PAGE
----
27th March 2017 by Royston Jones
This piece was written by my colleague, Lars Fredriksson, Business VP – Simulation Driven Innovation at Altair.
Earlier this month, Altair and the Enlighten Award supported the Automobil Industrie Leichtbaugipfel in Würzburg, Germany. Leichtbaugipfel is hosted by one of the award’s media sponsors Automobil Industrie, and is one of Germany’s headline automotive events featuring automotive lightweight design topics and offering networking opportunities to OEMs and suppliers of the industry.
During the event, I had the pleasure of presenting alongside Thomas Spoida of Daimler AG on the subject of simulation technologies and their role in the concept development stage of vehicle design. Traditionally, the concept teams at vehicle makers have struggled to incorporate simulation tools into this very early stage of development and as a result, miss out on the valuable design guidance that the technologies can offer. The issue is not with the concept development teams themselves, but rather with the processes involved with implementing them within the fast moving, highly changeable nature of the concept process. Simply put, the tools just can’t keep up with the rate of change. Simulation teams can receive the request to explore the potential implications of changes to the vehicle body, only to find that when they deliver their results, the design has since moved on and their insight is no longer relevant.
Thomas Spoida and I were presenting the deployment of Altair’s C123 concept design approach which addresses this problem with the use of low fidelity, low resource intensive but highly accurate models. For those who would like get a feel for the process and techniques used, you can learn more about C123 here.
During the event, one of the heavily discussed questions was whether or not lightweight design will still be needed when e-Cars can recuperate energy. While Daimler’s presentation by Dr. Thomas Behr, Daimler AG suggested that this might not be the case, especially if a weight reduction of 50-70 kg results only in a further reach of the car of 1 percent, Altair argues that in order to account for all the additional features i. e. the autonomous mobility entertainment systems will have in the future, weight will still be a limiting factor.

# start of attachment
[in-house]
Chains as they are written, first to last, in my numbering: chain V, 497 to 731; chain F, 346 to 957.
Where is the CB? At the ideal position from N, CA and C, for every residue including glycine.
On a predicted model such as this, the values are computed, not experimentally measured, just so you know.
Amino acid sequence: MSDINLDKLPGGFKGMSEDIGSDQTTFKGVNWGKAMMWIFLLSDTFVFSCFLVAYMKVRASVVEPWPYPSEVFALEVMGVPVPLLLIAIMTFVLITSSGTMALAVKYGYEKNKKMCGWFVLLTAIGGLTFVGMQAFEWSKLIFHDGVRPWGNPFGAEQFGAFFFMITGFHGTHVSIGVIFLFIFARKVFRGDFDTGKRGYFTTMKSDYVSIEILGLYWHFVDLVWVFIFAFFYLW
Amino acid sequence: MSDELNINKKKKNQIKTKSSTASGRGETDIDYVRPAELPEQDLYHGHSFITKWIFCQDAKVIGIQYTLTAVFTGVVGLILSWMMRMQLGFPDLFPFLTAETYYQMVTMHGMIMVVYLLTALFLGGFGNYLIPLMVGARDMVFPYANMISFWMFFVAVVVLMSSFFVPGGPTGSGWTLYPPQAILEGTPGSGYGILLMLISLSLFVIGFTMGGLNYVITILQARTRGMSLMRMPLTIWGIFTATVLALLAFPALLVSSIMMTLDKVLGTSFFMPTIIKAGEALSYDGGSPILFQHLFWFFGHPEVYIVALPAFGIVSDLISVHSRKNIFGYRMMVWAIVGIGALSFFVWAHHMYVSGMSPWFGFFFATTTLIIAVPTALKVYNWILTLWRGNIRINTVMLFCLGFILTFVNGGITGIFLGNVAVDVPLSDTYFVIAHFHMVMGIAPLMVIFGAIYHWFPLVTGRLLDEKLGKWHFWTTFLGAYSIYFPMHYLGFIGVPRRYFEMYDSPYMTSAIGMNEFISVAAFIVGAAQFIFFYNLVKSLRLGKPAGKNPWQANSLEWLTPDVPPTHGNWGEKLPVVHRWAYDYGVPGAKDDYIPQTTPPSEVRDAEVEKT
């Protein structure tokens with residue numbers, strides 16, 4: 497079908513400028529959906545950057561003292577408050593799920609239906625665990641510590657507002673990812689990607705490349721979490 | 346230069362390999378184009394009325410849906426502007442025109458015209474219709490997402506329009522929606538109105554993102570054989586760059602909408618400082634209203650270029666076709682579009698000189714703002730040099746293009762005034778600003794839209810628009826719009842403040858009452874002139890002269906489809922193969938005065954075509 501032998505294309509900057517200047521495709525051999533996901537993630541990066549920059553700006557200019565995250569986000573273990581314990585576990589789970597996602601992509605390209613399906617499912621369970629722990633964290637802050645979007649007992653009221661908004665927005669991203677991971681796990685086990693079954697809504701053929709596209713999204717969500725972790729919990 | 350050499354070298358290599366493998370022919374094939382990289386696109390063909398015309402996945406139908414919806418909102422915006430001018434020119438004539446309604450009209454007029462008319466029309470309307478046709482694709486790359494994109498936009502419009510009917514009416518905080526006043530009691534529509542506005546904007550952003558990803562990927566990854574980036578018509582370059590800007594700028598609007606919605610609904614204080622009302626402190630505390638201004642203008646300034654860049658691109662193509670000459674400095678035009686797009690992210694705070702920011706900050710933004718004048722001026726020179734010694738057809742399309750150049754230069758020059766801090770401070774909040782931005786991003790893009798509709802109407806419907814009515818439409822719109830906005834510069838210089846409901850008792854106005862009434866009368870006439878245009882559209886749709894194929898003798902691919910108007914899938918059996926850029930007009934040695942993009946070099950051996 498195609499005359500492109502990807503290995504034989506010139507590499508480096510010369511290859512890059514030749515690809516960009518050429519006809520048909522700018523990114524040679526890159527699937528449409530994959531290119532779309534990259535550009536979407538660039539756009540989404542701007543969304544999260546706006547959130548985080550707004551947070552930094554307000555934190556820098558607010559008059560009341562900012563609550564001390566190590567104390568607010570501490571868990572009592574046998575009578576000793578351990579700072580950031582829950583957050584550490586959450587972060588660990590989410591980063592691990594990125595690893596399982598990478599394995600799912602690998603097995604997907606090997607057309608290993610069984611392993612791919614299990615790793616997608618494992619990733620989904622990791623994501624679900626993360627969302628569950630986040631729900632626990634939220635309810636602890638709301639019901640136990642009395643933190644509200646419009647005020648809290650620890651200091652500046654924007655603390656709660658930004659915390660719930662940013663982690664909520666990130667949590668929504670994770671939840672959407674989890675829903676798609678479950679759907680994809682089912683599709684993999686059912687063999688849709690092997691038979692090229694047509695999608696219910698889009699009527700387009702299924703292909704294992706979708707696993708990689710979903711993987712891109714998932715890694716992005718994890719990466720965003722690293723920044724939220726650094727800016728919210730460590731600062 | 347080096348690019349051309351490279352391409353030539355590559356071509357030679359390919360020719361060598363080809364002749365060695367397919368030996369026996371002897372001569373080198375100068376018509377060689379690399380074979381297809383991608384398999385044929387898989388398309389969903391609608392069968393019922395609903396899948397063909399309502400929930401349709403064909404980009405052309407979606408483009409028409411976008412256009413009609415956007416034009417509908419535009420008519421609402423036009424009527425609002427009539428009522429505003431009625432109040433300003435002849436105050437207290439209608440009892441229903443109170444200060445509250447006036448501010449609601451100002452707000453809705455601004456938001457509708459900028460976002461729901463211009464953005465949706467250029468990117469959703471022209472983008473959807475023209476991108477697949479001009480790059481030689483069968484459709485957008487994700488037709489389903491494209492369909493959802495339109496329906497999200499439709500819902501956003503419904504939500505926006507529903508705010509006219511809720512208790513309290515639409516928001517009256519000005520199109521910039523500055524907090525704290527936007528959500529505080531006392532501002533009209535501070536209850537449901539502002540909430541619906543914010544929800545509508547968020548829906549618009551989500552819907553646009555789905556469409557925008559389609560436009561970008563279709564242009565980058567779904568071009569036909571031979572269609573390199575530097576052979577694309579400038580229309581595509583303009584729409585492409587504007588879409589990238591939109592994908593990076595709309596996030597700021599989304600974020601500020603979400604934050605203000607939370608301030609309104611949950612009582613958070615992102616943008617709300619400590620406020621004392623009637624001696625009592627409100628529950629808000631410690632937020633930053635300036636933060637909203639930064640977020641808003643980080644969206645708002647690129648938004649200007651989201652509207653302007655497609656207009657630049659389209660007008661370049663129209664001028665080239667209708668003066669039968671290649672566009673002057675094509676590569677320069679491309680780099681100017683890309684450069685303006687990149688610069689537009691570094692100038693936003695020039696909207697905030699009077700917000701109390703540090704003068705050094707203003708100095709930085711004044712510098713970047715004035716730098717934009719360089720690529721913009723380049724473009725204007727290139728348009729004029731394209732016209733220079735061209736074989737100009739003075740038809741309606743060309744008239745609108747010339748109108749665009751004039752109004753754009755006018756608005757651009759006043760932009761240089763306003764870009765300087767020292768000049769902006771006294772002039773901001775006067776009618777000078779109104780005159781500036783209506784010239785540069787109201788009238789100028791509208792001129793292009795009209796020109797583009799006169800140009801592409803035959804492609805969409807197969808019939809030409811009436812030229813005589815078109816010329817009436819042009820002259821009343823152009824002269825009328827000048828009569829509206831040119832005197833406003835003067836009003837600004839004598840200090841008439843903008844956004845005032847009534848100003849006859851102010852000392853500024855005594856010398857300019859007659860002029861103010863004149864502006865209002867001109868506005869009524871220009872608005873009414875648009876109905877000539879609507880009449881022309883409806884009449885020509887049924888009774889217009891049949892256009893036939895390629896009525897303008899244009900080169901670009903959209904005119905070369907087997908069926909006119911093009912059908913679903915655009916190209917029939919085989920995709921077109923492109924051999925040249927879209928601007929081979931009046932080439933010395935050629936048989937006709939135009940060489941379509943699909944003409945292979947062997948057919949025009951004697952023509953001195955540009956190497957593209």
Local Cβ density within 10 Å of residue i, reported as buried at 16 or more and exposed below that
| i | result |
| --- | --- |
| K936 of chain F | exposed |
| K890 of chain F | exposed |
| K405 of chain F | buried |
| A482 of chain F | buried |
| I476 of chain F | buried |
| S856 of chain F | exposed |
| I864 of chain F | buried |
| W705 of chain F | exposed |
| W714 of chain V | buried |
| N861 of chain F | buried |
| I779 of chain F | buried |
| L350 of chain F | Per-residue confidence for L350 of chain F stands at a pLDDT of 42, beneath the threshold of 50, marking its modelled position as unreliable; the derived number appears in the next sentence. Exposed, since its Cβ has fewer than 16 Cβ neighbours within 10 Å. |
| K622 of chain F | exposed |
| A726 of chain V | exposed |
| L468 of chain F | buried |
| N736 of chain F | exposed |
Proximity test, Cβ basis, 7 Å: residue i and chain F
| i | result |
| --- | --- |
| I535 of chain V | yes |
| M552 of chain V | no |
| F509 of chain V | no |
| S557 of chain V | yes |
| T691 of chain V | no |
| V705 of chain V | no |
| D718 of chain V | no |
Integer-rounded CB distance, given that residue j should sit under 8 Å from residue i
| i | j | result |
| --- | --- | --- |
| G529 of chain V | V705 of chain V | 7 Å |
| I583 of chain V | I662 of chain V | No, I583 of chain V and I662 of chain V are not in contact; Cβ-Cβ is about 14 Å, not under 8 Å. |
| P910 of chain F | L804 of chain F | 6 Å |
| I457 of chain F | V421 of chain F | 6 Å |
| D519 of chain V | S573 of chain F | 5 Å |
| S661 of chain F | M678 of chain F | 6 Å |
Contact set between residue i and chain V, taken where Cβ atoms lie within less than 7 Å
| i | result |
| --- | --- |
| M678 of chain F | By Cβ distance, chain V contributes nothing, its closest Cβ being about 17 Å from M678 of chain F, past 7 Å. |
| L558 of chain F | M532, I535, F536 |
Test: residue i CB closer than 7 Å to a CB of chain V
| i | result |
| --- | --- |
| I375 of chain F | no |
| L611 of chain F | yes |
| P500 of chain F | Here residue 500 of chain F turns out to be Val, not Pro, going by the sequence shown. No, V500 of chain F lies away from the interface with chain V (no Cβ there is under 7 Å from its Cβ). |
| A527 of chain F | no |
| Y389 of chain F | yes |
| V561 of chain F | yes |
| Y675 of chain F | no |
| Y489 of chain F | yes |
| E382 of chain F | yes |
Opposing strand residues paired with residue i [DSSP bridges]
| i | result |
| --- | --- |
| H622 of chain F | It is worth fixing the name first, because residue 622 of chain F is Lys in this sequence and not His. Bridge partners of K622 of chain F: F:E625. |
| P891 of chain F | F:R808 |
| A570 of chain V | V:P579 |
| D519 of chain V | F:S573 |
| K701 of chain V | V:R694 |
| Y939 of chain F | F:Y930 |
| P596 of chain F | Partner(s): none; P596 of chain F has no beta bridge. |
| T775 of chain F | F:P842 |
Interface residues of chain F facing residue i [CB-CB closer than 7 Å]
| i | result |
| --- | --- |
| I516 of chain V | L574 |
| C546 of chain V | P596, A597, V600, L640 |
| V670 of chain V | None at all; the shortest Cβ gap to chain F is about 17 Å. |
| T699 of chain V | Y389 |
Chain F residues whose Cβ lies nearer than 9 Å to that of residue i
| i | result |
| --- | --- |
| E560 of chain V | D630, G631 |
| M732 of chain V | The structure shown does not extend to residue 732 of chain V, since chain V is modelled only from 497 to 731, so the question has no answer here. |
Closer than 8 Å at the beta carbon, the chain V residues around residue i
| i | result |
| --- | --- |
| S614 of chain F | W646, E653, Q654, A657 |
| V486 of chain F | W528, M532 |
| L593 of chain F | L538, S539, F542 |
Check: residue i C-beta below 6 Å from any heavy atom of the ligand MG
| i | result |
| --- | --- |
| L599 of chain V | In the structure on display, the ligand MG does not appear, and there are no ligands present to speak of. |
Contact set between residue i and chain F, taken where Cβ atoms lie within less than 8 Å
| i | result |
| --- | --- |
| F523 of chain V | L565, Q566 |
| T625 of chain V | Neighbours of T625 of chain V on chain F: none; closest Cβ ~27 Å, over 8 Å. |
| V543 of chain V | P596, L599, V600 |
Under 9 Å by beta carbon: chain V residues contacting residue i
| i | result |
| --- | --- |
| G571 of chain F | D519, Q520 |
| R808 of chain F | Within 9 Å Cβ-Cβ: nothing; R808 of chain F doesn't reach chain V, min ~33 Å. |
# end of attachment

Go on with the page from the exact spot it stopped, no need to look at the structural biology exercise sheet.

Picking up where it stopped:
In addition crash safety features will be as important as ever, especially when autonomous systems come in to use. And when it comes to match lightweight design and crash features, material substitution cannot be the only or even the major lightweight driver. When we’re considering using a lighter material, steel for aluminum for example is a common switch seen in the automotive world right now, we must ensure that we’re comparing an optimized steel design vs an optimized aluminum design. Using simulation tools to identify material that can be removed without missing performance target is the vital step in the design process to ensure that we’re comparing like with like and making good engineering and business decisions. Only when the material is used and designed in the appropriate manner can achieve its full potential.
This year for the first time, as part of the media cooperation between Automobil Industrie and the Enlighten Award, the evening event was sponsored by the Enlighten Award. The event was hosted at Würzburg’s Bürgerbräu, a traditional old brewery in the center of Würzburg, and Altair or rather in this case the Enlighten Award contributed to it with a short introductory speech presenting the award and several branding items. Altair received excellent feedback for its event contributions and is looking forward to numerous new nominations for the 2017 Enlighten Award from Germany. Nominations for the industry’s only award for automotive lightweighting can still be submitted until May 31st.
The Leichtbaugipfel was attended by over 300 automotive experts from all over Europe. Next year’s event will take place March 13-14, 2018, again in Würzburg.
All images courtesy of Automobil Industrie/Stefan Bausewein